Hot Summer Nights

Writer/director Elijah Bynum must be feeling like crap these days. He did a film with one of the hottest rising stars in Hollywood, before he became a worldwide sensation and an award winner. His film Hot Summer Nights starring Oscar nominee Timothee Chalamet is finally hitting theaters (and VOD)… too little too late. The vintage designed drug drama debuted in Austin’s SXSW in March of 2017, seven months before Call Me By Your Name landed in theaters. Totally missing the chance for a bad movie to piggy back off Chalamet’s acclaim, it became clear to viewers interested in the film and distributors that Hot Summer Nights was a non-starter.

It’s Cape Cod 1991 and Daniel (Chalamet) has been sent to the summer playground for the season. It doesn’t take long for the withdrawn teenager to land a convenience store job where he meets local drug dealing legend Hunter (Roe). The entire town has stories about Hunter, but he and “Danny” as he calls him, start selling more weed than they can keep up with. Daniel gets the bug and wants to take their enterprise even bigger. The only catch, Daniel has fallen for the best-looking girl in town, McKayla (Monroe), Hunter’s sister, and the one thing he forbid in their partnership. With a hurricane on the horizon, it will be the summer that changes everyone’s lives, or those who make it out alive.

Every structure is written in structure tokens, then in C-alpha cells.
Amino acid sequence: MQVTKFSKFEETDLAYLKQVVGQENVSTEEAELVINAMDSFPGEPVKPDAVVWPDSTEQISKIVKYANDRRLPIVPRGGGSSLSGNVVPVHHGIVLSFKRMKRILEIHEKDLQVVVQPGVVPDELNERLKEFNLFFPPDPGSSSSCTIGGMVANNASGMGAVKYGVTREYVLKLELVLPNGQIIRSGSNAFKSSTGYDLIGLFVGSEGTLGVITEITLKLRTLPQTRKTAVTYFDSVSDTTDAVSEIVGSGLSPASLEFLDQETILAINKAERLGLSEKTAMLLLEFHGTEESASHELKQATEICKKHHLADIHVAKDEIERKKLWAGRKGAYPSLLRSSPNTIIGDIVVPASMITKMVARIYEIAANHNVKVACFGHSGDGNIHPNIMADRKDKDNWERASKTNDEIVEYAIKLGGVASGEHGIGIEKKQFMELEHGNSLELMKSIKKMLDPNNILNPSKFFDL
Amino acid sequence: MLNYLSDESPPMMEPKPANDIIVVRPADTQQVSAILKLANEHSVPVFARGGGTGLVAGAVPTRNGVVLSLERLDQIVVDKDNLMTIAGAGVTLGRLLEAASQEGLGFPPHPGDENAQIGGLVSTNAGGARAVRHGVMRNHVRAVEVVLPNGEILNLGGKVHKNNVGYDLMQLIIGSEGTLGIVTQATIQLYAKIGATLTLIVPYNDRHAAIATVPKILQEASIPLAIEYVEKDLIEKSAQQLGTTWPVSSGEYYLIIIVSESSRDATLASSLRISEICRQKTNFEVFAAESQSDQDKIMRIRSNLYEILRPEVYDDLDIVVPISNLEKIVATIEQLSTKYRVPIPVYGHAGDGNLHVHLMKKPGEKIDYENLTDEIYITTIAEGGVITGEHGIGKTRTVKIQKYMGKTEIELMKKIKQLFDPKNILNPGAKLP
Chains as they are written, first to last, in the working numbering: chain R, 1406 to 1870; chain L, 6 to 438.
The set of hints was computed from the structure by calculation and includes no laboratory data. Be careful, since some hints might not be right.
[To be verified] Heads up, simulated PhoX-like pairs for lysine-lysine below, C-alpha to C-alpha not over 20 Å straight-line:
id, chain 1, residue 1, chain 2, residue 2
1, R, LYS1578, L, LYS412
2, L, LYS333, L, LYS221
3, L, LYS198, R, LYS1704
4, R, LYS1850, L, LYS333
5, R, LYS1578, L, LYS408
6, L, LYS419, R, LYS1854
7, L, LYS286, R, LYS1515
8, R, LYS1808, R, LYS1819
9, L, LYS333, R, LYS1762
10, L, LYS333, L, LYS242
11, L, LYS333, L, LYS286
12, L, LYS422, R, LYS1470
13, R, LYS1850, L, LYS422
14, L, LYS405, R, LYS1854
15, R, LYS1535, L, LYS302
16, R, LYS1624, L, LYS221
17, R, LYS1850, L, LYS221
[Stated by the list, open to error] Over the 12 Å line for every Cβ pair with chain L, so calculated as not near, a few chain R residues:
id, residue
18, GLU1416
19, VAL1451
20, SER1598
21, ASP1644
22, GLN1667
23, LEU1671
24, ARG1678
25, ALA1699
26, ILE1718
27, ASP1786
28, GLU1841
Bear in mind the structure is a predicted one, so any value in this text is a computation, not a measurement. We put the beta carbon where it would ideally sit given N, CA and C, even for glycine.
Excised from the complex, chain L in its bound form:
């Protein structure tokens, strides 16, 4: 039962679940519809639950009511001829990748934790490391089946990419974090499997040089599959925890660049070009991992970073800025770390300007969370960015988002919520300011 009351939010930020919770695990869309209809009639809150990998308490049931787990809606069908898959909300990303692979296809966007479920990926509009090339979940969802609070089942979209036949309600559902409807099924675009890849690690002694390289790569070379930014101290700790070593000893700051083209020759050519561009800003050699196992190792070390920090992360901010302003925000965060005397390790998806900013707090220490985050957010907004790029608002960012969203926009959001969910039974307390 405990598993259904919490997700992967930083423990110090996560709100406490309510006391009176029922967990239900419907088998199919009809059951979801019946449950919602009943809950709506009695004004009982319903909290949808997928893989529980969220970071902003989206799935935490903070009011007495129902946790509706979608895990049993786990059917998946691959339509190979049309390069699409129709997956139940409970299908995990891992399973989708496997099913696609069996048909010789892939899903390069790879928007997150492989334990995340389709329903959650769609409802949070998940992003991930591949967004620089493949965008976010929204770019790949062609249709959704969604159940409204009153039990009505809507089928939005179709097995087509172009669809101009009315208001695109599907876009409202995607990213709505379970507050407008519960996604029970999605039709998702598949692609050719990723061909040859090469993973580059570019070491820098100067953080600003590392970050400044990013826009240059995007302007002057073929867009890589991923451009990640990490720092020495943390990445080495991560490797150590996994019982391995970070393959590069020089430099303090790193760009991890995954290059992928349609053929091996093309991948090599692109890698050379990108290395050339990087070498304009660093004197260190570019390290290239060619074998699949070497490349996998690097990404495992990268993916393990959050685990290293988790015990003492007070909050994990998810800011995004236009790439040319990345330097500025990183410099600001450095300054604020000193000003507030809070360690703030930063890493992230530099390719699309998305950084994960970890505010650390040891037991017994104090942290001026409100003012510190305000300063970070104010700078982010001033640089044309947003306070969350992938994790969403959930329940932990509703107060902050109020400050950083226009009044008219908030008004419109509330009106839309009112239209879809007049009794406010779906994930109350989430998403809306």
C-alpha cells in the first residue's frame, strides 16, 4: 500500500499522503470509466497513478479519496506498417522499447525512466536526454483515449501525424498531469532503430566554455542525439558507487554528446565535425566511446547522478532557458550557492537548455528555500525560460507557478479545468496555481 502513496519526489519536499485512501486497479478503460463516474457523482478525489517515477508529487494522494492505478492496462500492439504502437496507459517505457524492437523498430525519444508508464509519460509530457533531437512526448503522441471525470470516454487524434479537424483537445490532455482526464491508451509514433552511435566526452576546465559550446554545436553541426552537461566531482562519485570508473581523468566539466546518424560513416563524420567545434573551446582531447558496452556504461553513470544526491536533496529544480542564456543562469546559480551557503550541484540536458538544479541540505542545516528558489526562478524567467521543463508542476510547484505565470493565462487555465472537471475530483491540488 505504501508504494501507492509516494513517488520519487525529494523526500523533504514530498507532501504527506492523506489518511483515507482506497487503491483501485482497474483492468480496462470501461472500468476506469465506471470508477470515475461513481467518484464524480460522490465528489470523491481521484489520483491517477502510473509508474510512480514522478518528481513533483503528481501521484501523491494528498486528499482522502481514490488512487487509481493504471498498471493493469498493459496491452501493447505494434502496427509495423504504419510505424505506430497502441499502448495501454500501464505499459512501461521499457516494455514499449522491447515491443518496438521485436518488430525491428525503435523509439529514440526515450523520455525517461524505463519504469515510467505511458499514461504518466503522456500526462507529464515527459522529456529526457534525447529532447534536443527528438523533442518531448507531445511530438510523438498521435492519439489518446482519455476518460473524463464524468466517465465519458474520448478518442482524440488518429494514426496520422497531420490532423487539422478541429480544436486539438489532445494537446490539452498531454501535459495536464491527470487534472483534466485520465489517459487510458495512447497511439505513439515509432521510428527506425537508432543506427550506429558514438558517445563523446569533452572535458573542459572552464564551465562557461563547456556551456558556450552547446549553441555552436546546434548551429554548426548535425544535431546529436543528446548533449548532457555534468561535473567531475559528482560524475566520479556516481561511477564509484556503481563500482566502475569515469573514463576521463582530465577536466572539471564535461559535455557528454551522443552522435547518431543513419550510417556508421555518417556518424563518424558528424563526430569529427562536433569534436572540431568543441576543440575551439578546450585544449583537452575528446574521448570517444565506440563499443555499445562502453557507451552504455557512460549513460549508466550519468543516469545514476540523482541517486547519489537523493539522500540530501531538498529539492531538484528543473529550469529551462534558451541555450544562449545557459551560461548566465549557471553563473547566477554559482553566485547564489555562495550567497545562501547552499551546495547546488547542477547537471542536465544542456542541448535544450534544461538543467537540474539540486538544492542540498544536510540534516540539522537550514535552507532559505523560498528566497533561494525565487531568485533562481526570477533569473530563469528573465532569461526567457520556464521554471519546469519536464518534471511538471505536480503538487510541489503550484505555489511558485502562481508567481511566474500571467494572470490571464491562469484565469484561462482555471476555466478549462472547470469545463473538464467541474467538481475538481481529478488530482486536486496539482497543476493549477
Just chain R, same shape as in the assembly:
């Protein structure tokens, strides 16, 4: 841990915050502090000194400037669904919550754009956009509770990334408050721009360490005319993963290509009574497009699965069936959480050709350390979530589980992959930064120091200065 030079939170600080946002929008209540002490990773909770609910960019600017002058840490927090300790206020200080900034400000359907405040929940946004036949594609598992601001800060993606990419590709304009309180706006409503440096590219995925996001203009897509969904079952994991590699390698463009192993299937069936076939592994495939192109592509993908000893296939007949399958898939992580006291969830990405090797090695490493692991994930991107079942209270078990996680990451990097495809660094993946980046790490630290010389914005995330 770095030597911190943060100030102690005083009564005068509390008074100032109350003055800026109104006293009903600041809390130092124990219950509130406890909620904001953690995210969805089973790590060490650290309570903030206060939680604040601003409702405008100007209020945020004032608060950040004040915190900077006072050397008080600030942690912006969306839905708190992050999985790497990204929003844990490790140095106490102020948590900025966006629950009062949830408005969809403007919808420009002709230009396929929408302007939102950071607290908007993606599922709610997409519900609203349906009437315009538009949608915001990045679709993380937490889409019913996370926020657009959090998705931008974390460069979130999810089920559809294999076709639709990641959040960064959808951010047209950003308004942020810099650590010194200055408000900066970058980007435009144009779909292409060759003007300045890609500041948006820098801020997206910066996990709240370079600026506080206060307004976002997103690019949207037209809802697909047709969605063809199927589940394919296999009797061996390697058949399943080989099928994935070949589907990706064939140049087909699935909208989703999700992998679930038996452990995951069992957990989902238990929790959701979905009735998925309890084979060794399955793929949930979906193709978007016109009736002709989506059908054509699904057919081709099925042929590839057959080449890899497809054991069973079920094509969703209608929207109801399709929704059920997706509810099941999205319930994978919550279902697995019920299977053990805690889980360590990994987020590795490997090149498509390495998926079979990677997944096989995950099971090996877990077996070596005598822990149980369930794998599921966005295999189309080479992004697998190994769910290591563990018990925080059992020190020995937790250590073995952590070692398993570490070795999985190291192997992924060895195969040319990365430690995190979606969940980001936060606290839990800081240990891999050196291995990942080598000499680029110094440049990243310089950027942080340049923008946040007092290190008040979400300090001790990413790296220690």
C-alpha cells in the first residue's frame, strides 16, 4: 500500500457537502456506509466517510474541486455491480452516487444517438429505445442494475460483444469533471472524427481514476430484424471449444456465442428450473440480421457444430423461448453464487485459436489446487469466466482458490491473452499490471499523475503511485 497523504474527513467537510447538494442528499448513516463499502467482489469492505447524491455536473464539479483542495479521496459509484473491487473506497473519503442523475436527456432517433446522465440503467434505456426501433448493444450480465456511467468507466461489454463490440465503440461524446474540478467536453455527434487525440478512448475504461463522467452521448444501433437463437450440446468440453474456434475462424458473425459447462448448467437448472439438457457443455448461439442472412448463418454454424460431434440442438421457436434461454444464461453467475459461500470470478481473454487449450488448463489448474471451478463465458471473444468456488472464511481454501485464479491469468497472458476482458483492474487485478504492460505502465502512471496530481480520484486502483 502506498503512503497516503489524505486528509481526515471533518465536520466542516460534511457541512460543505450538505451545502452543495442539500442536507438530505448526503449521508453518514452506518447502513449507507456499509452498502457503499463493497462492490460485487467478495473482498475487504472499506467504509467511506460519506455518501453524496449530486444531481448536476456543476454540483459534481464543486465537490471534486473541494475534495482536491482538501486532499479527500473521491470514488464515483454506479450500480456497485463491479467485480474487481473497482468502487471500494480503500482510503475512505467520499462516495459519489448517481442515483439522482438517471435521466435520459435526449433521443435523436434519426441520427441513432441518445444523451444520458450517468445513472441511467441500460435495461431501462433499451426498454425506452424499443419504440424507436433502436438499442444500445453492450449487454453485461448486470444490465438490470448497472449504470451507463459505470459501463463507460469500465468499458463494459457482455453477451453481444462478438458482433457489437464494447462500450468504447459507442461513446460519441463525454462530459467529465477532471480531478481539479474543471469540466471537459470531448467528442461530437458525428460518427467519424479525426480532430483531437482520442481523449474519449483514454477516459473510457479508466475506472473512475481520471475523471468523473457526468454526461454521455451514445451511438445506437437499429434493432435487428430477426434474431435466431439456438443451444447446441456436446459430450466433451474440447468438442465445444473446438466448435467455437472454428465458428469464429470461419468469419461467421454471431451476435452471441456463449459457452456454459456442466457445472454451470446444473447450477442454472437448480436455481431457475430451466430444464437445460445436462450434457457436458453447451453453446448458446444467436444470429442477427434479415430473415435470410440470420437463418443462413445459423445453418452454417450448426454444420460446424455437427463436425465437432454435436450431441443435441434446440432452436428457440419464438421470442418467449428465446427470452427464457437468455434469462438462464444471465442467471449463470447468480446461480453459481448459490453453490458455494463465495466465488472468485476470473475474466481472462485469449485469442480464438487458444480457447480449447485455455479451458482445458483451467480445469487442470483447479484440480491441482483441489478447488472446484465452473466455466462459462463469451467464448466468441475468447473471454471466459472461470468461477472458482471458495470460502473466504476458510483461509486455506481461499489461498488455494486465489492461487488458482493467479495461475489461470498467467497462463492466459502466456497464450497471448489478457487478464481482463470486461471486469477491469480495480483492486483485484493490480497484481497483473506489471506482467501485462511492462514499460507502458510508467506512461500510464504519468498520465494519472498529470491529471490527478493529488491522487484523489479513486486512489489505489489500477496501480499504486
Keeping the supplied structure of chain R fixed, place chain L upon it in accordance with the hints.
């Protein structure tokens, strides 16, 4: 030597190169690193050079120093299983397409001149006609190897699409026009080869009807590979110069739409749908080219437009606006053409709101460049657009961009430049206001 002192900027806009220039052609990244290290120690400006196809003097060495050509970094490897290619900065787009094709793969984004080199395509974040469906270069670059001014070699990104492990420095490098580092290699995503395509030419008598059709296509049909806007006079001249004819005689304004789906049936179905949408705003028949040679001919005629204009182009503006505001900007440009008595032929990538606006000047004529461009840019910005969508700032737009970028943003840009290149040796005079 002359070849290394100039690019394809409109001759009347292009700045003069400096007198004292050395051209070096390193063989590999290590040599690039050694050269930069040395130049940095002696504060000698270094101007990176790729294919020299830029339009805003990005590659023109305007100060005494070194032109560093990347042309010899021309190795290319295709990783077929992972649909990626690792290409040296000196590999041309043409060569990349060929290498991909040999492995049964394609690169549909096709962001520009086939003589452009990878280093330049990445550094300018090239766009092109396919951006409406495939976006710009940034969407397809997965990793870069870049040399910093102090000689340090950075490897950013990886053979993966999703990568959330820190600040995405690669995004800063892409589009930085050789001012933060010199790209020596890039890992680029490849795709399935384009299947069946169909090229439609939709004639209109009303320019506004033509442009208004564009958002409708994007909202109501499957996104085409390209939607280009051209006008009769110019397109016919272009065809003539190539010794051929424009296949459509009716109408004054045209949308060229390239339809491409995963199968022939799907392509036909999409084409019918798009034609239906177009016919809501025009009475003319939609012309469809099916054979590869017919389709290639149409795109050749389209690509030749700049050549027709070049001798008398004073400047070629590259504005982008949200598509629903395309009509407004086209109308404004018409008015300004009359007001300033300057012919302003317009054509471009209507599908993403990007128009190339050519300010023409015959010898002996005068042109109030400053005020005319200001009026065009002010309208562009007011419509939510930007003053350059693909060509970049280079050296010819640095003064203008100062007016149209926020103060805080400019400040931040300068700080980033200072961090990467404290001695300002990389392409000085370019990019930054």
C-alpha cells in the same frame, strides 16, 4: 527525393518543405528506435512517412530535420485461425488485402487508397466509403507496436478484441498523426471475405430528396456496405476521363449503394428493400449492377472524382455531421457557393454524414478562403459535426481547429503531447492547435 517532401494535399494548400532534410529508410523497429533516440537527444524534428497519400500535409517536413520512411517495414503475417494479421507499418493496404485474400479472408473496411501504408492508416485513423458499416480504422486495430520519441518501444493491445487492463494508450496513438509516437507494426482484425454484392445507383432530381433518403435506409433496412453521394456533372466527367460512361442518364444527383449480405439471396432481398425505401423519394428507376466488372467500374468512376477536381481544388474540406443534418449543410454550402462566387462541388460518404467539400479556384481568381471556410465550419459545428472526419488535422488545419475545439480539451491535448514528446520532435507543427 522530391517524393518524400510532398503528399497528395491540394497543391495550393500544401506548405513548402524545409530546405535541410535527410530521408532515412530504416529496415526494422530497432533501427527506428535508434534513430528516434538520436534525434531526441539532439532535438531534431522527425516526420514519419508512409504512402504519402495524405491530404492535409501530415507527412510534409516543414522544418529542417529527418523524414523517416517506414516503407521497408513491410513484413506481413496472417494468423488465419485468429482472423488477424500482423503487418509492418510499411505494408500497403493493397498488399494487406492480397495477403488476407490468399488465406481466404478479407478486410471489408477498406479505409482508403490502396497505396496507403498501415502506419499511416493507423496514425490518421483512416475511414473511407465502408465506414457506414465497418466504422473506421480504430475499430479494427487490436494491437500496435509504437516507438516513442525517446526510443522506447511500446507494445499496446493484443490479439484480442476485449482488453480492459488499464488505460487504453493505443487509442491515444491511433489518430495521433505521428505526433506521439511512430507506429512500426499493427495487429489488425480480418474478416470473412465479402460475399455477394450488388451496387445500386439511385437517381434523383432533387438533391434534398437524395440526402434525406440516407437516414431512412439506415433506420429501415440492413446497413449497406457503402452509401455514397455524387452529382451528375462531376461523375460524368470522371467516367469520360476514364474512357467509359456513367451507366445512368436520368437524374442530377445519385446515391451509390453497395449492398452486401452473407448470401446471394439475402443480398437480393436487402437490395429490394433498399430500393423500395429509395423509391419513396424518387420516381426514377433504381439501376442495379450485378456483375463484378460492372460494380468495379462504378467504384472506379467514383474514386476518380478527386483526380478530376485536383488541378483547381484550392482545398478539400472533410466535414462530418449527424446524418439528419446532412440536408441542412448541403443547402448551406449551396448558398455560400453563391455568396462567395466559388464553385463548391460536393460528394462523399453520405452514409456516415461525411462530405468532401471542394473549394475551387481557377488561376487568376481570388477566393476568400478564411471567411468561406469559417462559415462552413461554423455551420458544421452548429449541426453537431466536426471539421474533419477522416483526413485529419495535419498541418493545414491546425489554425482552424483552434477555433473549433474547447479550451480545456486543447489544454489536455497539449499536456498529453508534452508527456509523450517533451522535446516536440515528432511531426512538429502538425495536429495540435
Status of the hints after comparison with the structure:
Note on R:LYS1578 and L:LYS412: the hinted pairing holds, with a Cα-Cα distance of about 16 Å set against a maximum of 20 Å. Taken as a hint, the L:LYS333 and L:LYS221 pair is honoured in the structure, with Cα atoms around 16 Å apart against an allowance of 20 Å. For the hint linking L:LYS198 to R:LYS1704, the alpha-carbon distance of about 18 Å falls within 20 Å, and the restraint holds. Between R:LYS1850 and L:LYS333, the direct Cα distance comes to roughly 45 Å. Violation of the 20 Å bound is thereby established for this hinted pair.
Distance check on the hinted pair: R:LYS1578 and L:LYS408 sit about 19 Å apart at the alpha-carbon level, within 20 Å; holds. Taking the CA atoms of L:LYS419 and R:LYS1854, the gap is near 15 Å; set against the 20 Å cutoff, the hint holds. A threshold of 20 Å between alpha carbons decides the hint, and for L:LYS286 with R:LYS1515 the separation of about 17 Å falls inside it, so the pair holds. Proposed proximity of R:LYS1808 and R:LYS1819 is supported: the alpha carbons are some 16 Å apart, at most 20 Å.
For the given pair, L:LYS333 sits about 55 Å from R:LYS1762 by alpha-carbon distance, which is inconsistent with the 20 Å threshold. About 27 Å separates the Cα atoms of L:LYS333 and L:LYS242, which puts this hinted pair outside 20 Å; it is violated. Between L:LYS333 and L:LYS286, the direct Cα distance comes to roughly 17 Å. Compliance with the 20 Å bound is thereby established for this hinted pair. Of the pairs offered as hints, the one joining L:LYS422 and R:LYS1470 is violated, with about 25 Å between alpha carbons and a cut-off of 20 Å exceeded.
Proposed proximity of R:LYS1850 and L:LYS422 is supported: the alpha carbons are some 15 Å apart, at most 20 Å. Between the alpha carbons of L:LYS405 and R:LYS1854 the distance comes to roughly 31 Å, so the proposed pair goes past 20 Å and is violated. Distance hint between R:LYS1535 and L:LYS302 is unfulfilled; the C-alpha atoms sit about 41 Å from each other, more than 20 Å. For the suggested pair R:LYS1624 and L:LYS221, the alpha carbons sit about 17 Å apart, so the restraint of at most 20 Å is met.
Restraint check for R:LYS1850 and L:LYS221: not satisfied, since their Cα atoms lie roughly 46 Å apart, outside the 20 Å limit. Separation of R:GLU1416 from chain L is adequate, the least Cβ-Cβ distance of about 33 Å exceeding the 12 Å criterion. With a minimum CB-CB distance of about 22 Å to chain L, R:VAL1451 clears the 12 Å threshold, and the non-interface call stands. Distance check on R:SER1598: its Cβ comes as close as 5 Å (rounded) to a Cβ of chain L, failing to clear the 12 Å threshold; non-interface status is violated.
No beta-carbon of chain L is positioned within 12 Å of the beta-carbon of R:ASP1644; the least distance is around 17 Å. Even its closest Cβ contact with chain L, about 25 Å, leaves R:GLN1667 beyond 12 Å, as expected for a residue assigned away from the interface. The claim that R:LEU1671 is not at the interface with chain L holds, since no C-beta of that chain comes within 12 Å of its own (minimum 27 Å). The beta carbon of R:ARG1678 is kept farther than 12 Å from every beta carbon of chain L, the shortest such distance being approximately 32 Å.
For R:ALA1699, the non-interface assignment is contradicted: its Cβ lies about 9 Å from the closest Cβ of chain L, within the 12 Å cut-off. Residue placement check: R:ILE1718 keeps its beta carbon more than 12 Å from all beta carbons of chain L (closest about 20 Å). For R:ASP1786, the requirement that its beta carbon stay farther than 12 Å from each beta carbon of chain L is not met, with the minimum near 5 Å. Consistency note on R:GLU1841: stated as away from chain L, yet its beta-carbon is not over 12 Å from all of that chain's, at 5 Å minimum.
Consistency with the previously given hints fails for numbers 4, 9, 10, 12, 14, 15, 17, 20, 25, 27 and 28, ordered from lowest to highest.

Hot Summer Nights wants to be a drug flick, a nostalgia trip and young love story but nothing fits together to make a cohesive story.

For a first-time filmmaker, Bynum really tackles more than he can chew in a film that’s unnecessarily complicated. The script wastes 10-15 minutes building a back story for Daniel (dead father, mother sends him away to aunt, he’s depressed), yet after the opening title all of that is forgotten and never plays into the story at hand, so why bother? The entire movie is narrated by a kid who isn’t in the story and doesn’t appear on screen until the last few minutes, again, why? It only gets worse when Thomas Jane (The Punisher), the local cop, and cocaine connoisseur William Fichtner (Teenage Mutant Ninja Turtles) enter the fray. Hot Summer Nights wants to be a drug flick, a nostalgia trip and young love story but nothing fits together to make a cohesive story. It’s also pretty tame to boast that racy title in hot pink electric lettering. Even the word “hot” is laughable because Daniel wears long sleeves basically the entire flick.

Hot Summer Nights quickly starts to feel like a bunch of music videos ideas forcibly edited into a narrative. Bynum’s editing style isn’t consistent, like a novice who is hitting every button on the keypad. I will say that for those who saw this movie before Chalamet’s 2017 cinematic explosion, the camera loves him, and you can see the makings of Elio even here. The rest of the cast are not as fortunate. Maika Monroe (Independence Day: Resurgence, The 5th Wave) is beautiful but playing a very familiar female stereotype. Alex Roe (also from The 5th Wave) is what you get when you can’t afford Zac Efron. There is nothing here to unpack, subtly isn’t something Bynum understands, and Hot Summer Nights is the most unimpressive project Chalamet has been attached to yet.

Final Thought

A disorganized and messy film that doesn’t know what to do with Timothee Chalamet’s talent.


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